Tractatus Ayyew | An Earthen Ethics
All our gratitude
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WHAT FIRST BEGAN as conversation, became a school project, then a program, then a curriculum. Eventually, an essay emerged. Then another and another. And finally, the Earthbook before you. Along this decade long journey, our thoughts have been touched and propelled by countless contributions from the folks who have assisted and accompanied us along our way.

First and foremost we are grateful for our plastic. Without the trials and tribulations of trying to figure out what to do with it— the physical and philosophical journeys its pollutions and solutions have sparked for us— this book would never have begun.

That said, we are grateful to our invisible beginnings: our ancestors, both of our own lineages and those of other kincentric cultures around the world that have touched and inspired our struggle with the meaning of green. Their accumulated wisdom serves as the bedrock upon which we have built.

Along our journey, countless friends, family and colleagues who have been of invaluable assistance in our undertaking.

Thank you to Pi Villaraza who was instrumental in energizing our early connection and collaboration. He pointed us towards the use of Igorot and Filipino wisdom traditions to both undergird our work with plastic and to guide the social spread that followed.

Un grand merci to Fabrice Garrigues for his dedication and efforts in the French translation of the Tractatus Ayyew and for rich evenings of family, wine and philosophy that accompanied it. Thanks to George Beurnier for his dinners that supplemented our efforts, and for his friendship and encouragement in the quest towards plastic’s resolve— and billiard excellency.

Un grand merci a les deux Frère Jacques de l'Abbey de Scourmont. First, thank you to Frère Jacques senior for his gift of th Laudato si' encyclical (of which the concept of a "common home" helped to inspire and guide our work) and to his heartwarming persistence acquiring an early version of our French translation without our knowing! Thank you to Frère Jacques junior for his early review and sourcing Catholic feedback and critic so that we could ensure our work resonates with the Laudato si' movement.

Thank you to Trisha for her support, encouragement, listening and friendship. Thank you to Shiloh Vermaack and Richard Goldsmith for the relentless reviews of every chapter, not once but twice and sometimes thrice. Thank you to Nicole and Vaughn for the in-depth reading and encouragement. Thank you to Mel for the reminder that our ancestry, in particular its contrasts, was not just a side note, but a principal theme. Thank you to James and Ruth for their support and insights from the Bulkley Valley. Thank you to Rolf and Chris for their scathing early reviews. Their invaluable critiques had a profound effect on our direction. Thank you to Ani for her fathomless patience with the piles of pages and infinite coffee cups that accompanied this process.

Thank you to our Igorot and Wet’su’weten brothers and sisters whose examples have inspired us: James, Jed, Sir Ernesto, Jake and the Sabangan guides.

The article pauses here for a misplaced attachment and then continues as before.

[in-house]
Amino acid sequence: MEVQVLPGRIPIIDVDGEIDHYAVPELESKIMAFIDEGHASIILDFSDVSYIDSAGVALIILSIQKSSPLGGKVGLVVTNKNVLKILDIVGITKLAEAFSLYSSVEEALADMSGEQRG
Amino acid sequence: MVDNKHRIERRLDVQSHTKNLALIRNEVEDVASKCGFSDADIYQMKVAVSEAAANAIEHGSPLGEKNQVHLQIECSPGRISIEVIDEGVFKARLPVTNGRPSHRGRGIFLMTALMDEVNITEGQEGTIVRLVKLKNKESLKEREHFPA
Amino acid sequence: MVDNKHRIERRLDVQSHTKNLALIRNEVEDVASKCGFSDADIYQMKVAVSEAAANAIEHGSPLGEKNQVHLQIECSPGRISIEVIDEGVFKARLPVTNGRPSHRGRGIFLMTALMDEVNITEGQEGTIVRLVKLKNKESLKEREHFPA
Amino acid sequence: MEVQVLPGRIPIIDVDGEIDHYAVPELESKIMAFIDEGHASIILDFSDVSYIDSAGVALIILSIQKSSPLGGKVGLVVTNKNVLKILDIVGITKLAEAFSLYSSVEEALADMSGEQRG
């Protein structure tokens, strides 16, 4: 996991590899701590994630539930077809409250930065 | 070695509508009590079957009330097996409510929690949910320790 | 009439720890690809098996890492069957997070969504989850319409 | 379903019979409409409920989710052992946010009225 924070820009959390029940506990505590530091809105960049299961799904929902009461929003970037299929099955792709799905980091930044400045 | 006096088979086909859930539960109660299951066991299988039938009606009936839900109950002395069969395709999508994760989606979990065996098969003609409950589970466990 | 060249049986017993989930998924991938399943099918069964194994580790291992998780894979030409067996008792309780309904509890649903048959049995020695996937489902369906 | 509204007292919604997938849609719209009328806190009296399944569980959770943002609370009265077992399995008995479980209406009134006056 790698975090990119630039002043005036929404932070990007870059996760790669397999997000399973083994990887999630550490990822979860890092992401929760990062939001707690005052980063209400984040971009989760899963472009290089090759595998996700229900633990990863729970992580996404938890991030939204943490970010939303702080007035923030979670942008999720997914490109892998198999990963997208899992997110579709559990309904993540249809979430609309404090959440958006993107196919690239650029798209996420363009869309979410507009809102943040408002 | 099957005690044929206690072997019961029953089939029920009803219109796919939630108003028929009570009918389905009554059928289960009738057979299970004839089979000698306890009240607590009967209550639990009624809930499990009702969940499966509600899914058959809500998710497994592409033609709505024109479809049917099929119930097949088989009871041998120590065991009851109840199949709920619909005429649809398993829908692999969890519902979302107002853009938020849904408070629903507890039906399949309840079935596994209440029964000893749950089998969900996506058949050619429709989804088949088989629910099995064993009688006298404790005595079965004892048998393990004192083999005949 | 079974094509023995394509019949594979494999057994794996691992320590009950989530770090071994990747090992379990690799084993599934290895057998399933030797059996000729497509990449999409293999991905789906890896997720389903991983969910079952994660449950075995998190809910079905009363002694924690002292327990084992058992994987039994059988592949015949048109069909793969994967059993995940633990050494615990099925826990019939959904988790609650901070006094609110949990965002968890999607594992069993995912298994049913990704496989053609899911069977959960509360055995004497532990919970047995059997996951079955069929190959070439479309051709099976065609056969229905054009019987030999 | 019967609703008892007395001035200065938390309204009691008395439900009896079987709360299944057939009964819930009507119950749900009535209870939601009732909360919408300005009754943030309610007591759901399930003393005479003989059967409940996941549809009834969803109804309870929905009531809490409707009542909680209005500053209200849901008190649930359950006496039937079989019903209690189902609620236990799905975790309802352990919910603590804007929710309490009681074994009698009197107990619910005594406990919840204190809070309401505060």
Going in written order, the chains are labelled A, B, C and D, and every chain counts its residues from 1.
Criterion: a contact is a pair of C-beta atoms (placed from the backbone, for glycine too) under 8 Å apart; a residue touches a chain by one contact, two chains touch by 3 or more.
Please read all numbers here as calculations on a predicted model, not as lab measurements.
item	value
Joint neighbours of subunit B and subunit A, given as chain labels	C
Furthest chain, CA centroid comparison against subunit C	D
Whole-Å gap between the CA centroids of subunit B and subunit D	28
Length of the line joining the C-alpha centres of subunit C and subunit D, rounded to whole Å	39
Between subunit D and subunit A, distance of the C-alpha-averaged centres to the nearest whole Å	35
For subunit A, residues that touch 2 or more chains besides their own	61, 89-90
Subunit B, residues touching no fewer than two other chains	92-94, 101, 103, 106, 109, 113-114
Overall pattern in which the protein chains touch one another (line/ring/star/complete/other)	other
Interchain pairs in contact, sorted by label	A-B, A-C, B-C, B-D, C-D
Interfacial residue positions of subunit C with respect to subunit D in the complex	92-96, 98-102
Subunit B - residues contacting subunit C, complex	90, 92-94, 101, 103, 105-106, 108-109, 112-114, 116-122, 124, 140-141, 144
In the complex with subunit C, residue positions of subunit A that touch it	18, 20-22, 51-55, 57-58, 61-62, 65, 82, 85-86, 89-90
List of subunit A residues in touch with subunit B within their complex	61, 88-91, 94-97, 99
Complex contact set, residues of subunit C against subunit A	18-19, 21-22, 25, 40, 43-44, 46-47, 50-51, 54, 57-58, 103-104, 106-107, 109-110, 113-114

Chapter banners, Eagle & Salmon No.1 and No.2, Frog and Sun by Wet’su’weten artist James Madam.

Photos of Igorot culture on by Gladys Maxim. Chapter 9 photos by Robert Brodey.

Thank you to Thumas Hutton and Thomas Nail, both of whom wrote a book entitled “A Theory of the Earth”. Although each book were published quite independently (the first in 1788 and the second in 2021!) both greatly inspired and encouraged our own work an theory.

Thank you to Mark Donnovan and Donnie Maclurcan, with whom a conversation inspired the insights of Chapter 9.

Thank you to Stephen DeMeulenaere for the steamy conversations on the parrallels of capital and carbs, fats and fiat that was invaluable in shaping our ideas of Earthen energetics in Chapter 9.

Thank you to Balaji Srinivasan. Though a good deal of our ideas are in direct opposition, the “web app” version of his book The Network State nonetheless inspired us to aline our publishing platform and our principles and inspired our development of the Earthbook concept.

Thank you to Enrique Salmon for his pioneering work developing the concept of “kincentric ecology” as a means of distinguishing Rarámuri metaphysics (and that of other fist nations) from the modern concept of 'nature'. His work and his term underlie our use of the phrase ‘kincentric culture’ and have been invaluable to advancing our theory.

Russell acknowledges the land of Banjar Sumampan, Gianyar, Indonesia, the ancestral home of the Balinese, as base for the writing and publishing of this book.

Banayan acknowledge the land of the Igorot people and their wisdom tradition which inspired, nurtured and enabled this book, her oversight and contribution.

Thank you to the open source developers and their various projects upon which the Earthbook platform is built.

Thank you to Fábio Almeida for his Accessibilidade CSS script which enables readers to increase and decrease the text of the EarthBook.

Thank you to Zeno Rocha for his continued development of ClipboardJS, the elegant Javascript on our Share page.

Thank you to DewaWeb Indonesia who are generously hosting this EarthBook project without charge on their Singapore servers.

Thank you to WebsiteCarbon who enable the automated carbon impact auditing of each Earthbook page.

Thank you to Stephen for his Commentics PHP code base which powers the Earthbook chapter comments.

Thank you to Thomas Steiner for his Dark Mode Toggle code which powers the Night/Day mode swithching of the Earthbook.